One of the best ways to confirm the authenticity of a cashier’s check is to ensure the check has proper watermarking.(1) A recent batch of counterfeit cashier’s checks bearing the name of an Illinois bank reproduced on the front of the check the words, “THIS DOCUMENT HAS A GRADUATED BACKGROUND DARK TO LIGHT. THE REVERSE SIDE INCLUDES AN ARTIFICIAL WATERMARK.”
Only, the reverse side did not include such a watermark. It’s almost as if the thieves were counting on people reading the assurances on the front of the check, and not confirming this watermarking further.
Common Sense Precautions
By asking that a cashier’s check be drawn from a bank local to the recipient, rather than via an institution from another state or country, an individual can more easily verify the authenticity of the document.(2) Not to mention the speed of the overall banking transaction. Potential recipients can also consult the FDIC’s Institution Directory to make sure the bank that a cashier’s check is issued from is a legitimate and solvent operation.
Another reason to insist that the transaction be sourced through a local bank is that there is no national U.S. standard for cashier’s checks. Various banks have different color schemes, different check sizes, and other variances, making it impossible to authenticate even if fake watermarks are affixed.(3) Government websites are good sources of information about widespread con artist scams, but individual things like knowing whether an unfamiliar bank lists or does not list their address on a cashier’s check is next to impossible.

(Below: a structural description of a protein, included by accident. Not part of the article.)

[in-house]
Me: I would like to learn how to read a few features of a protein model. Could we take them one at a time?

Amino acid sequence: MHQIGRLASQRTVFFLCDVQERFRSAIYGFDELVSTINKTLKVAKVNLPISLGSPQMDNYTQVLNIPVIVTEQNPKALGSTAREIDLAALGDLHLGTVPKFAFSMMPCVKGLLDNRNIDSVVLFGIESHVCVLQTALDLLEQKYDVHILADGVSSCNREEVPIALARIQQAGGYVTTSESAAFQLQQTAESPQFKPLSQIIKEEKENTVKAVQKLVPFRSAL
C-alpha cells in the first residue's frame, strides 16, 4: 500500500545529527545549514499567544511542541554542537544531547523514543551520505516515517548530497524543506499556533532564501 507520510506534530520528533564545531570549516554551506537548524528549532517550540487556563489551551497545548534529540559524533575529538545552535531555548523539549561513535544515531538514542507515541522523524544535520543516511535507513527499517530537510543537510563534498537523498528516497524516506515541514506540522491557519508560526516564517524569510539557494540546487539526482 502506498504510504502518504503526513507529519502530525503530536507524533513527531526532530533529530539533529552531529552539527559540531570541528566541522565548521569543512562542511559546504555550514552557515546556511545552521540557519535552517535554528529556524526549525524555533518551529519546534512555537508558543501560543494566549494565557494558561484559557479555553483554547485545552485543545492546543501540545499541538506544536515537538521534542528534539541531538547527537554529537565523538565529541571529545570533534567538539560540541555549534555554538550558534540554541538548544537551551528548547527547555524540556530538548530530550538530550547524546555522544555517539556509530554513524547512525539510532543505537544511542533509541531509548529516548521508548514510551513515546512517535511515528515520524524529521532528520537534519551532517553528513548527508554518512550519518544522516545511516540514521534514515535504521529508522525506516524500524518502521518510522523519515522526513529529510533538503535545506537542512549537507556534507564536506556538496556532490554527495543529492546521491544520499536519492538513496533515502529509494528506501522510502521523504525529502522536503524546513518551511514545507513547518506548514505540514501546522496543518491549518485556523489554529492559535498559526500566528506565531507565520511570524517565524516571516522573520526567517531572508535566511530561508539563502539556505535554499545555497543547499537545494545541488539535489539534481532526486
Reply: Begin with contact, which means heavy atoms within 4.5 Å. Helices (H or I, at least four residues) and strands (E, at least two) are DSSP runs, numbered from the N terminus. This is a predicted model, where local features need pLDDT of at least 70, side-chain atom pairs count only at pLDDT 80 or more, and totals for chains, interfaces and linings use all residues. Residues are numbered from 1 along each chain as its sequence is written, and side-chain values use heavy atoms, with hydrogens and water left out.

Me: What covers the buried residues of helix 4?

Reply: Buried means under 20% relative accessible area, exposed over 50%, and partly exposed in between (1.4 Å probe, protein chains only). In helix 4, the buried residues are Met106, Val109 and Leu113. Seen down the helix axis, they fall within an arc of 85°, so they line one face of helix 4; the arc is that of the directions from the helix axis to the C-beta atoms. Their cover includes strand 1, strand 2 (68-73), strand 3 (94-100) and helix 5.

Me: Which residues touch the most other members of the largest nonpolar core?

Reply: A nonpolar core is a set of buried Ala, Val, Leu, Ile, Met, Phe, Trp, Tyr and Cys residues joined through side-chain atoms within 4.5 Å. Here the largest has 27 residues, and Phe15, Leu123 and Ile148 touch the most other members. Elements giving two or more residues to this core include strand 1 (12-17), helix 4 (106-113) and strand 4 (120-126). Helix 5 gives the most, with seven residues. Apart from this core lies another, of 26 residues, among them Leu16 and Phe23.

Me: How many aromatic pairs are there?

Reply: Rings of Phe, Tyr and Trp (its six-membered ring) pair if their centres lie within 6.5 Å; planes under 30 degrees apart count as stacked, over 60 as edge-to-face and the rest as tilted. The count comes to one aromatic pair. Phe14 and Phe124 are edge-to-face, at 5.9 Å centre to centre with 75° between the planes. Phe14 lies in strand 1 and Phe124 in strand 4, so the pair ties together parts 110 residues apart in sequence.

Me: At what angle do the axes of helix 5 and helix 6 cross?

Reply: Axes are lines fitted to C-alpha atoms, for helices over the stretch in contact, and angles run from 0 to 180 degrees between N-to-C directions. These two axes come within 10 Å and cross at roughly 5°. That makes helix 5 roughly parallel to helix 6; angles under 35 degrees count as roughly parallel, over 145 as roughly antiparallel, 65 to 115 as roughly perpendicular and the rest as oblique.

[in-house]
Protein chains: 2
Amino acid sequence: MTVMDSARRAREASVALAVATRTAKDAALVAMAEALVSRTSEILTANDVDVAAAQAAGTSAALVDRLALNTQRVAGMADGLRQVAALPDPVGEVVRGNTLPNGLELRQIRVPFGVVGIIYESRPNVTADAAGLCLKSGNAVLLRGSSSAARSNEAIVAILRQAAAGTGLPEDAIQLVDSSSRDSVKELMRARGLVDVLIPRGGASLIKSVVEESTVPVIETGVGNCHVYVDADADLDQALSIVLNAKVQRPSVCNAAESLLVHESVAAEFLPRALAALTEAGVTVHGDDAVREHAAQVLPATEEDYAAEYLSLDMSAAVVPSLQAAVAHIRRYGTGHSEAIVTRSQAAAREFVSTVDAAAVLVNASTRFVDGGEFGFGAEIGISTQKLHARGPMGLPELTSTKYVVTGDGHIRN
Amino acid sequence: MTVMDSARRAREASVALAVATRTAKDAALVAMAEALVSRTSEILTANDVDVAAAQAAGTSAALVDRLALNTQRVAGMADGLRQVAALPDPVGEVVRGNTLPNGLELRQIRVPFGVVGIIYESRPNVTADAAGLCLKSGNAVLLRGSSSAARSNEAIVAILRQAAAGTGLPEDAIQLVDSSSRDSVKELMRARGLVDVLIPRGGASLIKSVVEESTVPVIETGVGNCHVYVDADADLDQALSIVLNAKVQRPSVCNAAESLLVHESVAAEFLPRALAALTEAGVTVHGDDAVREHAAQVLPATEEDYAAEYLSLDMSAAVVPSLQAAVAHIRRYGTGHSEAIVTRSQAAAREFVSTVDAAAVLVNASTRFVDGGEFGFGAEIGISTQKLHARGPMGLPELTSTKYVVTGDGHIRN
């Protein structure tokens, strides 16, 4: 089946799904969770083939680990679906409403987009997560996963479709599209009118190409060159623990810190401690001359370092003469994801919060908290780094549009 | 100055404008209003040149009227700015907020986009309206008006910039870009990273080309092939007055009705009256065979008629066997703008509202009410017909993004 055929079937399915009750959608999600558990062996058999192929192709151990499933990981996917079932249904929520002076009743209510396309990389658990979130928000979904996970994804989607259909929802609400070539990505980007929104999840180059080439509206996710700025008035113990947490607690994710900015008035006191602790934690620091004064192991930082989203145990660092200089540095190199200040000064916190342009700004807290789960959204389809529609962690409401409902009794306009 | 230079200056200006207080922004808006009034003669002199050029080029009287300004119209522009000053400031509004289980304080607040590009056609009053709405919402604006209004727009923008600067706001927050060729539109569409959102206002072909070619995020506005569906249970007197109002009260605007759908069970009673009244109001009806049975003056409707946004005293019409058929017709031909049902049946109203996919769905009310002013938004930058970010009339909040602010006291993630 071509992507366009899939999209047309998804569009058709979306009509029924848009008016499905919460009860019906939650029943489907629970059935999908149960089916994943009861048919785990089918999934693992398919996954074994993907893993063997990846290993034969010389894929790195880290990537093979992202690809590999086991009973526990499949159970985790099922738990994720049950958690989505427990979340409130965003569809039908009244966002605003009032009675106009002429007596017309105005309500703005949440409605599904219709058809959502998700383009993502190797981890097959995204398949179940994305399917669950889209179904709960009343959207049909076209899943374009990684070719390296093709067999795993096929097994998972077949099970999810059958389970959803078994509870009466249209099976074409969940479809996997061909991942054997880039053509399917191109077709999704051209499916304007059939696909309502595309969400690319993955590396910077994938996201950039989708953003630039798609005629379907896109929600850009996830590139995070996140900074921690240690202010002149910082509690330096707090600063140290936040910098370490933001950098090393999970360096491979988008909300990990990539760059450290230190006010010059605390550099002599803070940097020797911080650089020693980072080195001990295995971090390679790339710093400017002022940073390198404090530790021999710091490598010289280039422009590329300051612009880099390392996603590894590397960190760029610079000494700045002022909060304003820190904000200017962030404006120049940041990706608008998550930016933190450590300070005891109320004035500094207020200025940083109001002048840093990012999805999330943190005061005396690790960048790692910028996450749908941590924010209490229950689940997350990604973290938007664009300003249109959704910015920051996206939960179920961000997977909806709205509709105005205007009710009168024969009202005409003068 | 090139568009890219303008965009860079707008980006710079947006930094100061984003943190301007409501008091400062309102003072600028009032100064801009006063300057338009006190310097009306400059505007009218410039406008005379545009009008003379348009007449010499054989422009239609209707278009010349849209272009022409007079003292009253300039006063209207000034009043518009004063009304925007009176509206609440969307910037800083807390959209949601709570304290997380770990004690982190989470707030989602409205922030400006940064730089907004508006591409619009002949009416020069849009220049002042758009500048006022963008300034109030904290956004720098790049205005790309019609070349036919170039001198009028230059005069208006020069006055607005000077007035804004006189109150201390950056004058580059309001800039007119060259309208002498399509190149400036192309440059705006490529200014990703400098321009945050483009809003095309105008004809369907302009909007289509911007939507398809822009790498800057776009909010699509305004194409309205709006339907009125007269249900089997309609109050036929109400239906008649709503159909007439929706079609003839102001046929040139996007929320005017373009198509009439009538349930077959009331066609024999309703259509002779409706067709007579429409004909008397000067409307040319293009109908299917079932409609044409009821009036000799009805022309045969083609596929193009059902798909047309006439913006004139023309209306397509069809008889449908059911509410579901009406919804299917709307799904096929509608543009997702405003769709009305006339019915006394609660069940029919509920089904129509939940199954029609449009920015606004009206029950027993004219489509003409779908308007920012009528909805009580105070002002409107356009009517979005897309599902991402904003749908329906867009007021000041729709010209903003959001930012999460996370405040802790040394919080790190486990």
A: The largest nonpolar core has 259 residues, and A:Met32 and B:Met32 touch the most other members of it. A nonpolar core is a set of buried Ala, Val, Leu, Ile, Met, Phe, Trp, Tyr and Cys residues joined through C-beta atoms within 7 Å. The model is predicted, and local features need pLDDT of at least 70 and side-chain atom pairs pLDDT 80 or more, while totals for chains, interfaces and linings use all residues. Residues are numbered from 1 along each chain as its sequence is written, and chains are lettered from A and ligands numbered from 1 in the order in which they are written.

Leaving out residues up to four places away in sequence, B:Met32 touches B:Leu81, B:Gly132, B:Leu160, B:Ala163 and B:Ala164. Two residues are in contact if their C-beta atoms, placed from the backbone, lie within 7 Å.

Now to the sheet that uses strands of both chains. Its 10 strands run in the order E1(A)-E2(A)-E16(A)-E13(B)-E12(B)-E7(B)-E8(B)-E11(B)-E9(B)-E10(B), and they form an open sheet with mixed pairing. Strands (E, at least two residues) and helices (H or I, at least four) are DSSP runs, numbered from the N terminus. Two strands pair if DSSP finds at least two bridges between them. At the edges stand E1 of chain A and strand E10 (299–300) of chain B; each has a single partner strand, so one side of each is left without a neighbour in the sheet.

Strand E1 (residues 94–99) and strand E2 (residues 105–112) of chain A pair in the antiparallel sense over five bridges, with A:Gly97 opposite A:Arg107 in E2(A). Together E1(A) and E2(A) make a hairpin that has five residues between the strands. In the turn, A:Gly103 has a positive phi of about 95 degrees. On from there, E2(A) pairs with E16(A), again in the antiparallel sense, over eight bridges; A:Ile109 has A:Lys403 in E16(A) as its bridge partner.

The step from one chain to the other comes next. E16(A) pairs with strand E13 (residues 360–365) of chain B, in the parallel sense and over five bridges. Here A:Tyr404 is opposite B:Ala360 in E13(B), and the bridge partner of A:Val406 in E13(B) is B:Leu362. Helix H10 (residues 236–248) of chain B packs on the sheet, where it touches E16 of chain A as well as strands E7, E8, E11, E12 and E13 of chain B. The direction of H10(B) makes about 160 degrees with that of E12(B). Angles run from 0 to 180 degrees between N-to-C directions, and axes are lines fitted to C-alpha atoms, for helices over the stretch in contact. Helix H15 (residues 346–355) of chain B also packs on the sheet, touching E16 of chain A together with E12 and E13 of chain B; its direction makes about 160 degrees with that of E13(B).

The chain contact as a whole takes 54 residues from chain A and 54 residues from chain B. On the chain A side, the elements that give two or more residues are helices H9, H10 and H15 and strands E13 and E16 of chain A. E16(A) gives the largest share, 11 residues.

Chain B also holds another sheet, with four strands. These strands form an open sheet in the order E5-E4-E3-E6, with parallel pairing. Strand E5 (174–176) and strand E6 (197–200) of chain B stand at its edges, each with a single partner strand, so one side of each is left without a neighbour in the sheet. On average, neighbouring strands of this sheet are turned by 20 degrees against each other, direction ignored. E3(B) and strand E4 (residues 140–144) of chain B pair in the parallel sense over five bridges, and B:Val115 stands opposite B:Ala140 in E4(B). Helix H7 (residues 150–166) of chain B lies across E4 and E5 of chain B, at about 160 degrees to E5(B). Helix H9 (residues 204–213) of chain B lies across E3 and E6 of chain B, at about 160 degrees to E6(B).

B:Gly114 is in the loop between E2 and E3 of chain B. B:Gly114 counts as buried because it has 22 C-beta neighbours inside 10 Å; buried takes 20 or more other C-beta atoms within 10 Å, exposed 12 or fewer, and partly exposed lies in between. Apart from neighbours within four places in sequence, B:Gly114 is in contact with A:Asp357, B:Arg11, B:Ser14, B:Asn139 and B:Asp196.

The Collection Option
There is usually a fee for this process, but if an individual enlists their bank to “collect” the check on their behalf, they handle it at their end and only notify the payee once the funds have been fully paid.(4) The downside is that this type of bank-to-bank transaction can take up to eight weeks.
Alternatively, fraudsters may put a phone number or address on the cashier’s check that is tied to an accomplice. To verify any cashier’s check from a stranger, recipients should always rely on a branch phone number that has been independently obtained.
(1) Federal Deposit Insurance Corporation – “Counterfeit Cashier’s Checks”, May 15, 2006, Retrieved July 6, 2011 from http://www.fdic.gov/news/news/SpecialAlert/2006/sa06142.html
(2) American Bankers Association – “If It Sounds Too Good To Be True, It Is”, Retrieved July 6, 2011 from http://www.aba.com/abaef/cashierscheckfraud.htm
(3) Office of the Comptroller of the Currency – “Counterfeit Cashier’s Checks of Rockport National Bank, Rockport, MA”, October 15, 2005, Retrieved July 6, 2011 from http://www.occ.gov/news-issuances/alerts/2005/alert-2005-15.html
(4) Federal Reserve Bank of Richmond – The Counterfeit Cashier’s Check, Retrieved July 6, 2011 from http://www.richmondfed.org/banking/education_for_bankers/fraud_awareness/counterfeit_cashiers_check/index.cfm